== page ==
If you want to see who’s interested in challenging for the next America’s Cup, the line-up for this year’s Extreme Sailing Series is a pretty good indicator. In the absence of any Cup activity while Russell Coutts and Oracle Team USA thrash out the detail of the next edition, the globe-trotting Extreme 40 catamaran circuit profits from this hiatus by being considered the next best option for staying race-fit for short-course multihull racing.

The two poster boys of the 2014 season are Sir Ben Ainslie and Franck Cammas, a massive coup for the Extreme Sailing Series. Ainslie was there with his JP Morgan BAR Racing AC45 at the London Boat Show in January, and is using the Extreme 40 season as a focus for his America’s Cup challenger campaign, about which he is sounding increasingly confident. If Ainslie has indeed managed to secure seed funding for a British campaign, enabling him to lock in the services of some key sailors and designers, this must rank as one of his greatest achievements. Bearing in mind we still know none of the big details of the next America’s Cup - the when, the where, the what - Ainslie’s skills of persuasion in the boardroom must rank alongside his legendary skills on the water.

Cammas is one of the most feted offshore sailors in France, and with the backing of French bank Groupama he is one of the most commercially successful. Cammas and Groupama embarked on a two-edition campaign to win the Volvo Ocean Race but when they won the round-the-world race at their first attempt in 2012, Groupama felt there was little commercial value in going round again. Instead, Cammas has embarked on an Olympic campaign in the new semi-foiling catamaran, the Nacra 17, and revealed his interest in the Cup world with an assault on the Little America’s Cup in Falmouth last September. Staged in wing-masted C-Class catamarans, Cammas’s hydrofoiling Groupama boat blew the opposition off the water.

A few weeks later, Team France was announced, an America’s Cup campaign that pulls together the talents of Cammas, Vendée Globe double-winner Michel Desjoyeaux, another offshore legend Olivier de Kersauson and Stephane Kandler, who led Areva Challenge in the 2007 America’s Cup. Like Ainslie, Cammas will use the Extreme Sailing Series as a launchpad for the team’s ambitions.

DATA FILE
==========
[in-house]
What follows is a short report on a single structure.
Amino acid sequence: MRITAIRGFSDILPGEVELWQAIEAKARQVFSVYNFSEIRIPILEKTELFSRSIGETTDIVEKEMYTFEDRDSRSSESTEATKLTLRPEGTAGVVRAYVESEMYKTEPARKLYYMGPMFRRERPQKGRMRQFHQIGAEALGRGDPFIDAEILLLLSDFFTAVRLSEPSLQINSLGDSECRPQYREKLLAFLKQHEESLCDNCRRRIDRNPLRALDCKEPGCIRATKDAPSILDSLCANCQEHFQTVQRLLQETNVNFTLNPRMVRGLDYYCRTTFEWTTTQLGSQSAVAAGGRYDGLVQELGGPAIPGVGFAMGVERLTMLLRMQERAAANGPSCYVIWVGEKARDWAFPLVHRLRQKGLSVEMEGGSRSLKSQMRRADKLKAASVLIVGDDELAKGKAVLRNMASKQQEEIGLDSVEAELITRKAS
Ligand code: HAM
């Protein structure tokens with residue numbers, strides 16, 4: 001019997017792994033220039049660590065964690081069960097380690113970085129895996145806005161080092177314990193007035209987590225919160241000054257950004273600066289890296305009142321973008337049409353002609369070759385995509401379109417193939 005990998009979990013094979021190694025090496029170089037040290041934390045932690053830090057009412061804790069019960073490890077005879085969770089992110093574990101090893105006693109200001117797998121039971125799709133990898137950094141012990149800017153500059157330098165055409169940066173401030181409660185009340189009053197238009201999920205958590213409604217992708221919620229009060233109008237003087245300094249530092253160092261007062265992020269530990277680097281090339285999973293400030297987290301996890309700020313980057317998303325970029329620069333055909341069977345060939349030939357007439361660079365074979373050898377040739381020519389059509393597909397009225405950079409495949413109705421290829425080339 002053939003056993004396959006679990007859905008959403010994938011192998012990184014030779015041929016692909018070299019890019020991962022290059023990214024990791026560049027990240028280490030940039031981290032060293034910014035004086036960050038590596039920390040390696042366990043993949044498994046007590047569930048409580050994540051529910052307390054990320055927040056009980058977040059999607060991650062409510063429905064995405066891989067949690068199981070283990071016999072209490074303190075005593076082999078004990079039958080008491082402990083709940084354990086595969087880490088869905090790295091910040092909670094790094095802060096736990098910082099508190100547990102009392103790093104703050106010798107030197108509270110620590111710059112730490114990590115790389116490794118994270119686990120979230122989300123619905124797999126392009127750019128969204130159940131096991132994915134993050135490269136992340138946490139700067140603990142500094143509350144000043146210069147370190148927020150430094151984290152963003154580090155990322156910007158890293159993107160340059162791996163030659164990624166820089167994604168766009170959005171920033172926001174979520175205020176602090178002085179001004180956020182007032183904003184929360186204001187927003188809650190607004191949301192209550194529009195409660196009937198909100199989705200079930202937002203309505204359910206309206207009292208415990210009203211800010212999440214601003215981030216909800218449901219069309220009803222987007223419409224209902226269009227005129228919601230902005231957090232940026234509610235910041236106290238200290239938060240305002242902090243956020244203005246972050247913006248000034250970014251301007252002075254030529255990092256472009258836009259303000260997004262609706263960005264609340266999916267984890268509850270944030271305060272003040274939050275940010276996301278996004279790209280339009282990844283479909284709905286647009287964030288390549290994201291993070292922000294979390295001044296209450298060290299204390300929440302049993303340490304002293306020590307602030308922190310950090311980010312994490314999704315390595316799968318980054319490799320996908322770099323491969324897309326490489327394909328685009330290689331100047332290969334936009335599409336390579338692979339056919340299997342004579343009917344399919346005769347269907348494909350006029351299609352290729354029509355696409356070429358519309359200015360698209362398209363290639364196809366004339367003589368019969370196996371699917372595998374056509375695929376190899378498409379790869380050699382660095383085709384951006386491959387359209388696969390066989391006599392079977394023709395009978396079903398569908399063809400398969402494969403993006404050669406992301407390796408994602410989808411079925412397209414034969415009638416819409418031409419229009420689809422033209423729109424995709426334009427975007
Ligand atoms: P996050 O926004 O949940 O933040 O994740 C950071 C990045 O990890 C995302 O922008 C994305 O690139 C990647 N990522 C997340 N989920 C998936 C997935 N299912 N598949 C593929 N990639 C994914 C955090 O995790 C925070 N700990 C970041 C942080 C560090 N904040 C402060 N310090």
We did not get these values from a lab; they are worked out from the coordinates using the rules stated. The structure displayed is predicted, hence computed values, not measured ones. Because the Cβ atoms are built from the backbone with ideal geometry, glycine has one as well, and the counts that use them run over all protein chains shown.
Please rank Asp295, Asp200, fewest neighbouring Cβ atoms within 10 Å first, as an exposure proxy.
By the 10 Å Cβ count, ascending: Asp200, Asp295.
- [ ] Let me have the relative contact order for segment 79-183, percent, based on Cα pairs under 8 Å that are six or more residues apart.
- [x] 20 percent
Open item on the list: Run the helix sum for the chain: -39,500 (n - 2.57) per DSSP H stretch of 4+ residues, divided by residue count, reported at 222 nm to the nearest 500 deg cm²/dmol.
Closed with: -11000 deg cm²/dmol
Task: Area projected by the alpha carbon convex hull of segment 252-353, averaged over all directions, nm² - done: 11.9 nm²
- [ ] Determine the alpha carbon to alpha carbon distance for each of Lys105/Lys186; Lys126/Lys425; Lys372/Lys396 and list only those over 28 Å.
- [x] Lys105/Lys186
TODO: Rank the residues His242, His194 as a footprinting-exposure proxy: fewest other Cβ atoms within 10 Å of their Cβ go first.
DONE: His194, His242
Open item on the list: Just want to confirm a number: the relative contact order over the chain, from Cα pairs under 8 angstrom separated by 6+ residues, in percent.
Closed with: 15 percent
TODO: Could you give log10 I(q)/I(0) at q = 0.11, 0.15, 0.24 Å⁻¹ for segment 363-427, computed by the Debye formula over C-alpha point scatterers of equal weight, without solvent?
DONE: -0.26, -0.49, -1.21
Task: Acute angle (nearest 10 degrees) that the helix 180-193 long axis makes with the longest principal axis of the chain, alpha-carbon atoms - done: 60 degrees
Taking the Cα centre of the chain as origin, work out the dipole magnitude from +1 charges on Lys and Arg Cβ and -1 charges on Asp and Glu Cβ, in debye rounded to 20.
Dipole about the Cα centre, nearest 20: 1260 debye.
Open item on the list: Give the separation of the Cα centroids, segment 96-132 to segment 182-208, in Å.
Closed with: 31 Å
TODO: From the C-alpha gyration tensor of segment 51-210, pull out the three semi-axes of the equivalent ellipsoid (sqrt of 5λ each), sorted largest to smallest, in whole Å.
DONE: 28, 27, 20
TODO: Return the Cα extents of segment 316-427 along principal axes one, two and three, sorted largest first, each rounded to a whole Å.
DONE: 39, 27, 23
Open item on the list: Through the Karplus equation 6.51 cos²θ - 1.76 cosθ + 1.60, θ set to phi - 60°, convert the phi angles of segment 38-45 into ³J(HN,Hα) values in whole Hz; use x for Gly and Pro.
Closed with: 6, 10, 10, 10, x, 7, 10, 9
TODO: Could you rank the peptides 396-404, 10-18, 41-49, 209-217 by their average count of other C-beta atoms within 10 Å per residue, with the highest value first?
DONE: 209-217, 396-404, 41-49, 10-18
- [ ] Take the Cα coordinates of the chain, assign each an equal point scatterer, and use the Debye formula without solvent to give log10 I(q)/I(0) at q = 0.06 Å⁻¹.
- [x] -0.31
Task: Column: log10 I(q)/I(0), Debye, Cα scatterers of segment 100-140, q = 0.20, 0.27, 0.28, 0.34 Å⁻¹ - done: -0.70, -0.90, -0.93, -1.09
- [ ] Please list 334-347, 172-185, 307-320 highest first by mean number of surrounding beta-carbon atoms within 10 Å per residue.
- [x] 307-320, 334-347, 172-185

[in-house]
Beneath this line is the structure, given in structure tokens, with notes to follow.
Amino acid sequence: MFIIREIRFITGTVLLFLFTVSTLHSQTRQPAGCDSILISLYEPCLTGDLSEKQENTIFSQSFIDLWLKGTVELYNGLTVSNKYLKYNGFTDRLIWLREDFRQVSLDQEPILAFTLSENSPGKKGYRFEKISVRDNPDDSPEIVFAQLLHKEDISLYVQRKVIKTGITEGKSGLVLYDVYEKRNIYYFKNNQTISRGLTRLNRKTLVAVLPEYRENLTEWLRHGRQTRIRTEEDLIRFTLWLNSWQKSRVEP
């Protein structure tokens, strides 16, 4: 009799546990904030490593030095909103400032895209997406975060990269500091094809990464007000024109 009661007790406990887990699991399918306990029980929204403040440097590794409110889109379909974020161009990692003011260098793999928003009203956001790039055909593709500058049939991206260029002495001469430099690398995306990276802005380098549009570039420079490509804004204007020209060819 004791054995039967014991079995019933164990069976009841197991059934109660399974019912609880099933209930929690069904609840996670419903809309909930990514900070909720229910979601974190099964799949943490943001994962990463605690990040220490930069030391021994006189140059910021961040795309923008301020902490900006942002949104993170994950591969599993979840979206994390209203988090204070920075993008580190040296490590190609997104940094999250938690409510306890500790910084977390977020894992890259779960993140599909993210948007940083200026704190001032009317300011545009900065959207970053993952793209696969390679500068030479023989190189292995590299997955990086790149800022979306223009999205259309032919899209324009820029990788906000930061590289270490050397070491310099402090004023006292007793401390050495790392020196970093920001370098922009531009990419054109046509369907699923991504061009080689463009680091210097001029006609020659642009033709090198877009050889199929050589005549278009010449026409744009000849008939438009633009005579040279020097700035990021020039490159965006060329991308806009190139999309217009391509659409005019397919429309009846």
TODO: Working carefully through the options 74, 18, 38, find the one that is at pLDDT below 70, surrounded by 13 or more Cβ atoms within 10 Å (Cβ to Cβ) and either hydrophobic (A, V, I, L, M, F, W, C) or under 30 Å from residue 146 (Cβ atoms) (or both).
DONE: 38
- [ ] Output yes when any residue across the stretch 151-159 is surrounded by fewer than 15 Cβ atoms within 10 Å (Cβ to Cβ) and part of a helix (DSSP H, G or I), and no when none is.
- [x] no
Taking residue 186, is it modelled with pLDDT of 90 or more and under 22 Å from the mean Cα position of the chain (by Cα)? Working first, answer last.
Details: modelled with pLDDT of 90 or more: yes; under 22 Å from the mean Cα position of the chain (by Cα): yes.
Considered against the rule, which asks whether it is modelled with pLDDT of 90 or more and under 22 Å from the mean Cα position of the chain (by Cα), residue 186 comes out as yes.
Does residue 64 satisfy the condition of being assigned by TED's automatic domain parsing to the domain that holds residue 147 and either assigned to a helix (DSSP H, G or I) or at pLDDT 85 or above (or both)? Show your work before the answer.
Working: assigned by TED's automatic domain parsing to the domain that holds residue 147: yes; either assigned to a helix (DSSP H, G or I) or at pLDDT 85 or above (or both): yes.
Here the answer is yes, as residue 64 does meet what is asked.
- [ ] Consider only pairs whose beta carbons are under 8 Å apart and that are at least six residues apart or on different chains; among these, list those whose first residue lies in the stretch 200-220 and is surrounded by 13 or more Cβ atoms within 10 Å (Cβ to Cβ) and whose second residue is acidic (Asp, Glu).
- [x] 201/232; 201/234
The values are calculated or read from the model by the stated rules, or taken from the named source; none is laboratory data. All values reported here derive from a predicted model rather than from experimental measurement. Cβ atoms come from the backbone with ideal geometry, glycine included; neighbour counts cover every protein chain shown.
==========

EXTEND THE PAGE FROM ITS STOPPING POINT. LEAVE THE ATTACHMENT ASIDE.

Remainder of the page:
Team Australia, the new Challenger of Record, was proud to see Bob Oatley’s 100-footer Wild Oats XI take line honours victory for the seventh time in the Rolex Sydney Hobart Race at Christmas. However, word is that the new team is struggling to match the salary demands of the established Cup teams and is having to recruit from further afield. For the Extreme Sailing Series, Sydney’s young 18ft skiff world champion Seve Jarvin is steering the GAC Pindar boat, whilst also being touted as part of Team Australia.

Recruiting skiff talent is certainly in vogue at the moment, with Emirates Team New Zealand announcing the signing of Peter Burling and Blair Tuke, the 49er Olympic silver medallists and reigning world champions. Could the 24-year-old Burling replace the 41-year-old Dean Barker as skipper?

The assessment of Burling’s potential will start this season on the Extreme Sailing Series, with the Kiwis fielding a team that will see Barker and Burling take it in turns to steer the black boat at the eight events.

Team boss Grant Dalton comments: "Peter Burling may ultimately be the best thing this country has ever seen - but he is not there yet. If Dean Barker is not driving the boat in 2017 - and Dean will be very much involved in that decision - Peter Burling will have to take it from him.”

Dalton added: "Pete's a good guy; he's just a sponge, absorbing information. But he has to be more than just a good sailor. He has to get guys working for him and around him and inputting into all the processes - like design and so on - that Dean has done so well. Whatever decision is made, Dean will still be a mentor."